Saving Kakapo Through Technology 


The kakapo is a rare nocturnal bird found in New Zealand. Also known as the night parrot, the kakapo is distinguishable from other wild birds because it doesn’t fly and lives on the ground. Kakapo is an endangered species because, currently, few are remaining. Multiple factors are contributing to the bird’s extinction.

For instance, the bird is hunted by various predators like dogs and human beings. Additionally, kakapo breeds irregularly because they depend on nutrients from fruits of specific plants to feed their young ones. Some of these plants, like pine, take around six years to fruit.

Because kakapo is on the verge of extinction, the government and private conservation organizations are applying various tactics to conserve the bird. This piece highlights and explains some of the technologies that are used to save kakapo from extinction.

 Solving the problem of infertility through technology

A majority of kakapo eggs are infertile. To counteract this problem, scientists apply various methods. These include the use of artificial insemination and assisted breeding. Artificial insemination entails harvesting semen from the male birds and evaluating it. After the evaluation, semen is artificially delivered to the female bird.

Through assisted breeding, scientists ensure that the original kakapos are genetically represented. Additionally, assisted reproduction makes it possible for the simulation of mating on females. This simulation can be done several times.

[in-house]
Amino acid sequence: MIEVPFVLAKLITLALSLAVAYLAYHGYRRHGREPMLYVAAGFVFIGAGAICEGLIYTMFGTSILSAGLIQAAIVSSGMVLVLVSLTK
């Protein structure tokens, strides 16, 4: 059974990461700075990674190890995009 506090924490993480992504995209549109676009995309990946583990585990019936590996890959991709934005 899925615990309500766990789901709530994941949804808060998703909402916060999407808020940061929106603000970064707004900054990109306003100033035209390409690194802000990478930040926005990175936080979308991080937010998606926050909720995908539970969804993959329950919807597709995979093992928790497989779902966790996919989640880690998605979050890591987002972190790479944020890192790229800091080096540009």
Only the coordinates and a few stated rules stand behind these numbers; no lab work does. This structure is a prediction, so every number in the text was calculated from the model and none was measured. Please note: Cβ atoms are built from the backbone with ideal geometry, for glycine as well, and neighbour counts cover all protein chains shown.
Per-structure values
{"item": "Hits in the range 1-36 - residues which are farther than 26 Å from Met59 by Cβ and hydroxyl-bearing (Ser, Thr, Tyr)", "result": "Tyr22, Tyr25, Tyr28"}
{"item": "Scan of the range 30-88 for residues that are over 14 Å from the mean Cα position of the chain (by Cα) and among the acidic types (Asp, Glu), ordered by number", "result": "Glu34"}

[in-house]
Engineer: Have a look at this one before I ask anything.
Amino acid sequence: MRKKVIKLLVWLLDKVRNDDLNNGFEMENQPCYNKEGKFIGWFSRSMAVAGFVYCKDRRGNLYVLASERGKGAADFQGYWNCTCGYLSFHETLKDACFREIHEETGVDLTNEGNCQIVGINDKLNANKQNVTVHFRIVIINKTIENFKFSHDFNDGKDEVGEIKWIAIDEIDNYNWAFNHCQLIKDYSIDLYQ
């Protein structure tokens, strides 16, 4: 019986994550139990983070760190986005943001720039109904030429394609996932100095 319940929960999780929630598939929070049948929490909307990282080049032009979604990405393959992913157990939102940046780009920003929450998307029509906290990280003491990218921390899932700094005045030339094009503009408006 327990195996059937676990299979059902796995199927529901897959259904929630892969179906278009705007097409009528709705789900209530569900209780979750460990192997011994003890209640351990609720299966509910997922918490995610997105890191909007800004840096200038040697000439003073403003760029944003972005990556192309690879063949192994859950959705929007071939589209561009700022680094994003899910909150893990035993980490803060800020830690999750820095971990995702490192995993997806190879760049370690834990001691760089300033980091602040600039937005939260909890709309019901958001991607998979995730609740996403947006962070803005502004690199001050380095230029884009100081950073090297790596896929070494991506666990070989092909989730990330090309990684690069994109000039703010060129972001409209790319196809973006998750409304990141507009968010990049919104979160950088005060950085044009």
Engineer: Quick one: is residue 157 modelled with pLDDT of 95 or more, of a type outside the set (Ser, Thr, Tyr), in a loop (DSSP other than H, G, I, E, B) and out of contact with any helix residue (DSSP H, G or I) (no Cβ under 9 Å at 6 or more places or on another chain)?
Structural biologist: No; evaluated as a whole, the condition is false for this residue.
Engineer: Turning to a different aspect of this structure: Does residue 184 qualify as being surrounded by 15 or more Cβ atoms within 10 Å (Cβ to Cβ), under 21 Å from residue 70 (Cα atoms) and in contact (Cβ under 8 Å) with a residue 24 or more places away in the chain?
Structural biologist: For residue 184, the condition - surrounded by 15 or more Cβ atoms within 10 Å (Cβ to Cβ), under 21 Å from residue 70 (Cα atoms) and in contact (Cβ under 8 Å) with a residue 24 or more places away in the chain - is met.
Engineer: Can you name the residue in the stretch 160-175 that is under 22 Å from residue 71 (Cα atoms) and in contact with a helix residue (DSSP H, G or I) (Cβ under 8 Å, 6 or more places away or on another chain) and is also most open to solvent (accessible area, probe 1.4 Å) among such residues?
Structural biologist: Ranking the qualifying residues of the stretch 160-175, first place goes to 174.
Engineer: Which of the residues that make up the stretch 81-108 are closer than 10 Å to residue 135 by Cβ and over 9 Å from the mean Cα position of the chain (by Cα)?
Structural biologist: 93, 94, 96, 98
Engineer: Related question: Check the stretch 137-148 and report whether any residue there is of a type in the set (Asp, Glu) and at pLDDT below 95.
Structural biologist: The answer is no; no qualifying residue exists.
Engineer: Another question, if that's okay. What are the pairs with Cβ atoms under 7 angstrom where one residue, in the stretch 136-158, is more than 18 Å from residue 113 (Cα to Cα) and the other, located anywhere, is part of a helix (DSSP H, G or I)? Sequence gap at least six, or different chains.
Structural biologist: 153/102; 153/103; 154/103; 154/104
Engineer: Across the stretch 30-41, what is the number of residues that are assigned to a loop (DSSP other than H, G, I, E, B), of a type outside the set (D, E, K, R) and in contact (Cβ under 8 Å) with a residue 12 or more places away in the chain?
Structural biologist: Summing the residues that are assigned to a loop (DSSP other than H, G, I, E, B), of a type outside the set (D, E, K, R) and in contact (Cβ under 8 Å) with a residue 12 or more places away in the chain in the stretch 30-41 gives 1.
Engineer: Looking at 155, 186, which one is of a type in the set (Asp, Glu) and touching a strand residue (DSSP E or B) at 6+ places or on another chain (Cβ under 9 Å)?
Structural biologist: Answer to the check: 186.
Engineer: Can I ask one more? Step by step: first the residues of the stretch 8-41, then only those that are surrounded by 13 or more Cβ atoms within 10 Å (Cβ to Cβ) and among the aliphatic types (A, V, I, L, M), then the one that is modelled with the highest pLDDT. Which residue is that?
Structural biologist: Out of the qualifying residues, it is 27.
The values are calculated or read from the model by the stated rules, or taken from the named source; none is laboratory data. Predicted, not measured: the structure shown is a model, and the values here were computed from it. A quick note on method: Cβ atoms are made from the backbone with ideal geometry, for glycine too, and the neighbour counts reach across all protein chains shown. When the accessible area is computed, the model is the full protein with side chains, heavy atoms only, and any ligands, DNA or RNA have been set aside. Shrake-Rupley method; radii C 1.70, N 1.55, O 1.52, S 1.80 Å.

The scientists apply drone technology to enable the sperms to reach the female birds on time. The use of this technology is essential as it allows for the fast delivery of sperms to the birds that have been relocated to faraway islands.

Use of transmitters

Each kakapo has a transmitter that relays information to the conservationists. For instance, the wire informs the conservationists about the bird’s status, position, and the amount of battery remaining. Additionally, males and females are equipped with distinguishable transmitters to enable the monitoring of various behaviors.

The transmitters also help to control how the birds are fed. This helps to enable the birds to breed regularly rather than after a long duration. For instance, feeding the birds with certain nutrients during breeding tricks them to behave like the rim tree is at the fruiting stage. Usually, these trees fruit after approximately two to four years.

Smart Eggs Technology 

The use of incubators enables positive outcomes from hatching. However, kakapo mothers sufficiently prepare to raise the young ones upon sensing sounds from the eggs. The use of 3-D technology has enabled the making of smart eggs that mimic the sound of real eggs.

While the real eggs are hatching in the incubator, kakapo mothers are left with the dummy eggs. Upon hatching, the chicks are brought to the mother, which starts caring and feeding them.

 Use of data loggers 

The data loggers are placed at specific locations. They contain particular software and loggers that collect information and about kakapo movements, feeding control, and regulation of weight.


The near-extinction of kakapo has jolted the scientific community to come up with multiple sophisticated technologies meant not only to conserve but to increase the population of these birds. This article has highlighted and explained some of the techniques applied.

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